Top Tips for Obtaining Planning Permission
If you’re looking to give your property a new lease of life by building an extension or apply for a change of use, you’ll need to obtain planning permission.
While this is a notoriously frustrating process for many, we’ve collected our top tips to help make it as easy as possible for you to obtain permission and get the most out of the planning process.
Look at permitted development rights
Checking your permitted development rights can help save time and money during the renovation process, by avoiding the need for planning permission. Under these rights, certain changes such as a small or single storey extension, or demolition can go ahead without planning permission, although it’s still essential to check with your local council before carrying out the work.
Get an early start
As development plans are regularly reviewed by the local planning authorities, the sooner you get yours in the better. This will give you the opportunity to promote your land for development and raise any concerns about nearby development projects.
Talk to your Duty Planning Officer
Find out which Duty Planning officer overseas your area and book a consultation with them. They can help you understand the planning application process, how planning applications are assessed and the conditions that must be attached to planning permissions.
Do your research!
Take time to find out whether similar proposals to yours have been accepted before, as this can be a good indication as to whether yours is likely to be accepted. It’s also a good idea to research whether the site or the property has a planning history, as proposals which weren’t initially viewed favourably might be seen in a more favourable light now.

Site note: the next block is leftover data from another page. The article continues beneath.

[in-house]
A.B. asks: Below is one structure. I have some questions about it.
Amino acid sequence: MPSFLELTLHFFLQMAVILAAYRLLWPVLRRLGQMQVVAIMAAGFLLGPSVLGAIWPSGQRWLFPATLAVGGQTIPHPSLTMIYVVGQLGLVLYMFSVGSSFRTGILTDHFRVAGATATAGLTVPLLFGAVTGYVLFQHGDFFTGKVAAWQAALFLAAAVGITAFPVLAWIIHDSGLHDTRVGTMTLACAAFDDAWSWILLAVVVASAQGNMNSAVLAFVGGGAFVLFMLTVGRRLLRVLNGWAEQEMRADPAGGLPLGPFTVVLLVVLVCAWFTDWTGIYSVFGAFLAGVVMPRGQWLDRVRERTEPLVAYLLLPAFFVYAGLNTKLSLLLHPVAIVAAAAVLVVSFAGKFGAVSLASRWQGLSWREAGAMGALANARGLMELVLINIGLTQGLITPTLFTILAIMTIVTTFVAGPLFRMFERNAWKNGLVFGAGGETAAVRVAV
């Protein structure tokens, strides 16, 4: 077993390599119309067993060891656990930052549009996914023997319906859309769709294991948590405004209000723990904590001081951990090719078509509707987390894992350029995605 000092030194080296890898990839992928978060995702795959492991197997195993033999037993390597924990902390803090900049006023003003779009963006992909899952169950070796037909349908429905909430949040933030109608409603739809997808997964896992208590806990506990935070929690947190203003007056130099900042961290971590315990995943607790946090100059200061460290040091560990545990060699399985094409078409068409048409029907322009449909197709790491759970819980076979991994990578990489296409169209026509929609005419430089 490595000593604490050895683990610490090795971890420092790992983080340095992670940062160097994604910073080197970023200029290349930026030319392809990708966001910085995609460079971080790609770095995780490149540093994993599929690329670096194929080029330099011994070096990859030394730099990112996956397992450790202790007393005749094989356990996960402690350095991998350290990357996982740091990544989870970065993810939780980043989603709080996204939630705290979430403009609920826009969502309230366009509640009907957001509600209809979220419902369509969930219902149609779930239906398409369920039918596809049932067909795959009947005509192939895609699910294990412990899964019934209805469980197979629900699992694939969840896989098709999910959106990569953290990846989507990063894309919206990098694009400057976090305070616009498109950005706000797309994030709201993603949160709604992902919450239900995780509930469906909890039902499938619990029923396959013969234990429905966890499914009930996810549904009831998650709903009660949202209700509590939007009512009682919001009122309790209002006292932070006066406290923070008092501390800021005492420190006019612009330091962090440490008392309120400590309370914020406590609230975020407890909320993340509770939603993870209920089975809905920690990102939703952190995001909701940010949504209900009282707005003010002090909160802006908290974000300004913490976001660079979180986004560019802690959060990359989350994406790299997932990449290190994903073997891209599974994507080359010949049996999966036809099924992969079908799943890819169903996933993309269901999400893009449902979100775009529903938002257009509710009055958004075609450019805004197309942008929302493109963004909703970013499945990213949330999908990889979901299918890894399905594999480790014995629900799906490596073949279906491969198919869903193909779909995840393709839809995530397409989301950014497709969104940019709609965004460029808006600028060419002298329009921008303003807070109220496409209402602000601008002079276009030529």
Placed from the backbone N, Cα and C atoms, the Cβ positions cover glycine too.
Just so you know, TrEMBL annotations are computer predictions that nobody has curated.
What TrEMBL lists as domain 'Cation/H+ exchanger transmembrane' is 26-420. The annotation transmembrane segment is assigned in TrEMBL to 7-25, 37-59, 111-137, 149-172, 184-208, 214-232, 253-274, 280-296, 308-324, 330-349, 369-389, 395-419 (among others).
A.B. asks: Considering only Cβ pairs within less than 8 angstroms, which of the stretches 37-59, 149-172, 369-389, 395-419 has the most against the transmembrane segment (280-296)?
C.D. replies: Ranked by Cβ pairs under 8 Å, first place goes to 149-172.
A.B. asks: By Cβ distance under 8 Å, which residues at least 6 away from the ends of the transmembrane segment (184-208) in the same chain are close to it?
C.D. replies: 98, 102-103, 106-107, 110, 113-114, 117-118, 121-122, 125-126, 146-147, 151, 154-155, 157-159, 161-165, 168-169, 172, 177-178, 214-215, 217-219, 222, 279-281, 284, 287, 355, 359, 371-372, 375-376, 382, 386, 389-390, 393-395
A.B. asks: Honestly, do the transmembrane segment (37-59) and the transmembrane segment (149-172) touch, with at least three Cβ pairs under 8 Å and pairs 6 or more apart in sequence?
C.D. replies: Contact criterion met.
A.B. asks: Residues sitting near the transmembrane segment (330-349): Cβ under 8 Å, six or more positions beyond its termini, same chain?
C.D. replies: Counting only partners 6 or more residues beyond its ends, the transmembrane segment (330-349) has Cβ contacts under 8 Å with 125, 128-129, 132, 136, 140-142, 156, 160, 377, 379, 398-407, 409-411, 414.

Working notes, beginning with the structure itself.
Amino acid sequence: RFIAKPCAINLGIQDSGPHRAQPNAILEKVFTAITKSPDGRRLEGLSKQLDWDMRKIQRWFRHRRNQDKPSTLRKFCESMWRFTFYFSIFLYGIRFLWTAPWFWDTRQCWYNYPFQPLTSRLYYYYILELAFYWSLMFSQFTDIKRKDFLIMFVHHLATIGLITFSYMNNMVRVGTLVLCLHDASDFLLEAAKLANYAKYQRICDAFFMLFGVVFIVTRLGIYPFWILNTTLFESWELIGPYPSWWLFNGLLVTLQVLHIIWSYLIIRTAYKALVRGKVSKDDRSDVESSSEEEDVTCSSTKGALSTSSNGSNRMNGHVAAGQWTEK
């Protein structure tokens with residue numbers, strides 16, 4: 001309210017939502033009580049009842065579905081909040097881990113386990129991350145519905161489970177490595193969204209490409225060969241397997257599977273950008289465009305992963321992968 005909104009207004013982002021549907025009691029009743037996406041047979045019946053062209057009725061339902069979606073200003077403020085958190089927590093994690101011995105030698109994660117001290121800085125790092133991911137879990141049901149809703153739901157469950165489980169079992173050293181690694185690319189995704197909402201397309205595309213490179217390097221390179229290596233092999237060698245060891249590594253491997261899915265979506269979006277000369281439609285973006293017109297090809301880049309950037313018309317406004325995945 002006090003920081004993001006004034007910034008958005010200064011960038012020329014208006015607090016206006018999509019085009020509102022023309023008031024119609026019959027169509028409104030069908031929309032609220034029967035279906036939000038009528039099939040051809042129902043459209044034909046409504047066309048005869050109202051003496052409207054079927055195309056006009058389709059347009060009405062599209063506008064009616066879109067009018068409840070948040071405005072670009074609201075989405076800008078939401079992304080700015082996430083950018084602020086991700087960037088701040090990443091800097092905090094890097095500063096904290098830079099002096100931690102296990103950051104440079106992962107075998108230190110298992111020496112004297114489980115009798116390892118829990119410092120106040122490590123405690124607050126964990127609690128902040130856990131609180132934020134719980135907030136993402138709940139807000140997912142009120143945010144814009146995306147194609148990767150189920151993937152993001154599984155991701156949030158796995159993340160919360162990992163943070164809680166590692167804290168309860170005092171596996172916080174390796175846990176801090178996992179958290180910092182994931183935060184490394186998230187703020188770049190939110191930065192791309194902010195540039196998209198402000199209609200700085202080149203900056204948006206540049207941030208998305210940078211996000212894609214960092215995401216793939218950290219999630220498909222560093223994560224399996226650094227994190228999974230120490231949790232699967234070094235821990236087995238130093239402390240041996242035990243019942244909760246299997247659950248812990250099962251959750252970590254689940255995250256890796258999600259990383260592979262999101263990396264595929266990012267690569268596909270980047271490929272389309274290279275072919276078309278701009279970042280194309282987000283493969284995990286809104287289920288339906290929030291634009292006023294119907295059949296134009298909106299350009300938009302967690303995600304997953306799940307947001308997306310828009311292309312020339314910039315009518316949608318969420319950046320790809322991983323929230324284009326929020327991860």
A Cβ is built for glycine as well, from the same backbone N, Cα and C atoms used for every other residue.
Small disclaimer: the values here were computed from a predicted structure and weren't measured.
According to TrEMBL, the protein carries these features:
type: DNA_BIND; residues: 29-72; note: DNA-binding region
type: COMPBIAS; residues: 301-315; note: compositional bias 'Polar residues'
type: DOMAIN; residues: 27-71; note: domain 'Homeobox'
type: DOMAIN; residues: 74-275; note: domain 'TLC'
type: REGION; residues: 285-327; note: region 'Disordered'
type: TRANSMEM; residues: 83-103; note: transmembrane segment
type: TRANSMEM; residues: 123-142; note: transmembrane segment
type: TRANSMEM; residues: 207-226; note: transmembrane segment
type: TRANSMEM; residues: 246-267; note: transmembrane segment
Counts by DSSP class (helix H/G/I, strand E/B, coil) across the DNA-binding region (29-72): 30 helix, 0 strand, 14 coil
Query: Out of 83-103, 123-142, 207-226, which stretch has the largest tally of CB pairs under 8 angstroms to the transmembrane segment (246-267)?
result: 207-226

Similarly, having a good understanding of ‘material planning permissions’ like loss of sunlight, noise or disturbance or the capacity of physical infrastructure can help you produce an effective Design and Access Statement which is more likely to be accepted.
Expect (and be open to) negotiation
There’s a strong likelihood that your initial proposal might not be accepted in its entirety. If this happens, you need to be prepared to negotiate a compromise on your initial proposal, or offer additional benefits which will come with accepting your development.
If your first planning application was unsuccessful, don’t worry. You’re entitled to reapply or appeal the decision by having a Planning Inspector who belongs to another area determine the application as well.
If you are resubmitting your planning proposal, we recommend seeking further professional advice in order to give you application the greatest chance of success.